The Issue of So-Called "Free Parking"

This refers to the so-called "free parking" and "below market price" parking. Some people consider this to be a "subsidy". A rather specious argument, in my opinion.

I consider this to be an externality, not a subsidy. I think economic studies need to be carried out, to find the external economic _benefits_ of this item, and see what the net cost/benefit is. The benefits likely well exceed the costs.

This scenario was covered in detail in economics material that I read, and this applies specifically to a country like the U.S., where the vast majority (90%) of all residents have access to an automobile. The so-called "free" parking at business parking lots is an example of a situation that economists call _bundled costs_. These are goods and services that are not explicitly priced, but rather bundled in the prices of non-transportation goods and services. The "free" parking at the malls and businesses is not costless, but included (bundled) in the price of goods and services sold at the mall.

Bundling is not necessarily inefficient; in principle, a producer will bundle a cost, and not price it separately, if the administrative, operational, and customer (or employee) cost of collecting a separate price exceeds the benefits. In other words, beyond a certain point, the cost of the volume of transactions incurred in collecting this cost, exceeds the cost of bundling it into the costs of other goods and services. Economists do not necessarily consider bundled costs to be a "subsidy".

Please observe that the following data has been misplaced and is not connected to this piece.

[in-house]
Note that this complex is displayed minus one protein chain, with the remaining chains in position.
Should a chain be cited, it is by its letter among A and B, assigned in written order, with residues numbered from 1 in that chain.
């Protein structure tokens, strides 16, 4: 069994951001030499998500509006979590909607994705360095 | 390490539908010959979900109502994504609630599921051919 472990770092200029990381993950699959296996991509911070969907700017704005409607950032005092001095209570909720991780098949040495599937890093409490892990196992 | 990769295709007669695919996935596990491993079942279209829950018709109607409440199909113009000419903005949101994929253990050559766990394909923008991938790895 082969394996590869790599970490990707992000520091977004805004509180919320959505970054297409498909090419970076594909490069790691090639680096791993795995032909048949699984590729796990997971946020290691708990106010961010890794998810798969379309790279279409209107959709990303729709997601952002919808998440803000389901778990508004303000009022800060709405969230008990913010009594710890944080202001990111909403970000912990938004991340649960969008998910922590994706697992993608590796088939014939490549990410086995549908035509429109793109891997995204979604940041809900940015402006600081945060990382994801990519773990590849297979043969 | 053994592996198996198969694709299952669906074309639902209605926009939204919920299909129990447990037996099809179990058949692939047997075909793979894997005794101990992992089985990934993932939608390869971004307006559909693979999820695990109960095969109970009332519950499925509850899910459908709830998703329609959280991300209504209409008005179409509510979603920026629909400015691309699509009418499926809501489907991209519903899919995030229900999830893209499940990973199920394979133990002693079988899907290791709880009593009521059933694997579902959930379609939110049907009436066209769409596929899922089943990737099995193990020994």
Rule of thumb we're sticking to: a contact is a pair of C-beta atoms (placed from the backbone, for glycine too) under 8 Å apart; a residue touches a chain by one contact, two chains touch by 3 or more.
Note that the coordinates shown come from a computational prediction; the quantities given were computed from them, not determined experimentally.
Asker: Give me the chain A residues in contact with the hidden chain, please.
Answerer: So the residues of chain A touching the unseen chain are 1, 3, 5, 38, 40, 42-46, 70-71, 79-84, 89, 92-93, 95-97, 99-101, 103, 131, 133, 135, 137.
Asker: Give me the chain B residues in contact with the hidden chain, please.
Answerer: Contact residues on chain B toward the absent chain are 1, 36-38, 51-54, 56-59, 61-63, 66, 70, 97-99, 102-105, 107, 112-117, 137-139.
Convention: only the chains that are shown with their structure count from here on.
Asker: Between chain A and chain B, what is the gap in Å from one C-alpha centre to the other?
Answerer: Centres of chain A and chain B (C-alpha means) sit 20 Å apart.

In the case of business and mall parking, it is generally recognized that charging a parking fee would produce an overall effective cost of goods and services considerably in excess of the overall cost when the parking costs are bundled.

To charge a parking fee at a mall/business:

With fee-less parking at a mall/business, the only operational costs would be the periodic maintenance costs of the lot itself. This would include items such as resurfacing once every 6 to 10 years, mowing of grass, clearing drop inlets of debris, etc.; things that would be necessary whether or not there was a parking fee.

Quite a few employers provide transit benefits to employees. That's an ideal way to counter the built-in advantage of auto parking. Bicyclists should get showers and indoor parking, for free.

This is just an overview, but it can be seen that there are good reasons for bundling costs in certain instances. Economists and businessmen generally recognize that the overall costs of bundling business parking costs into the cost of goods and services, is much more efficient than charging a separate parking fee. And it is not a "subsidy".

There are very good reasons for having "free parking" -- the overall economic system is more efficient (*CHEAPER*), so what some people (technically) call a subsidy is really not a subsidy in the economic sense, because it considerably lowers the overall system costs, as compared to "fee" parking.

Also, the parking supplied at malls and businesses is provided by the private sector, so it's really not a public sector issue. If the business community wants to provide "free parking", because of the above reasons, they have every right to do so.

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By Scott M. Kozel, Roads to the Future, PENNWAYS

(Update 1-8-99 1:50 PM; counter 10,081)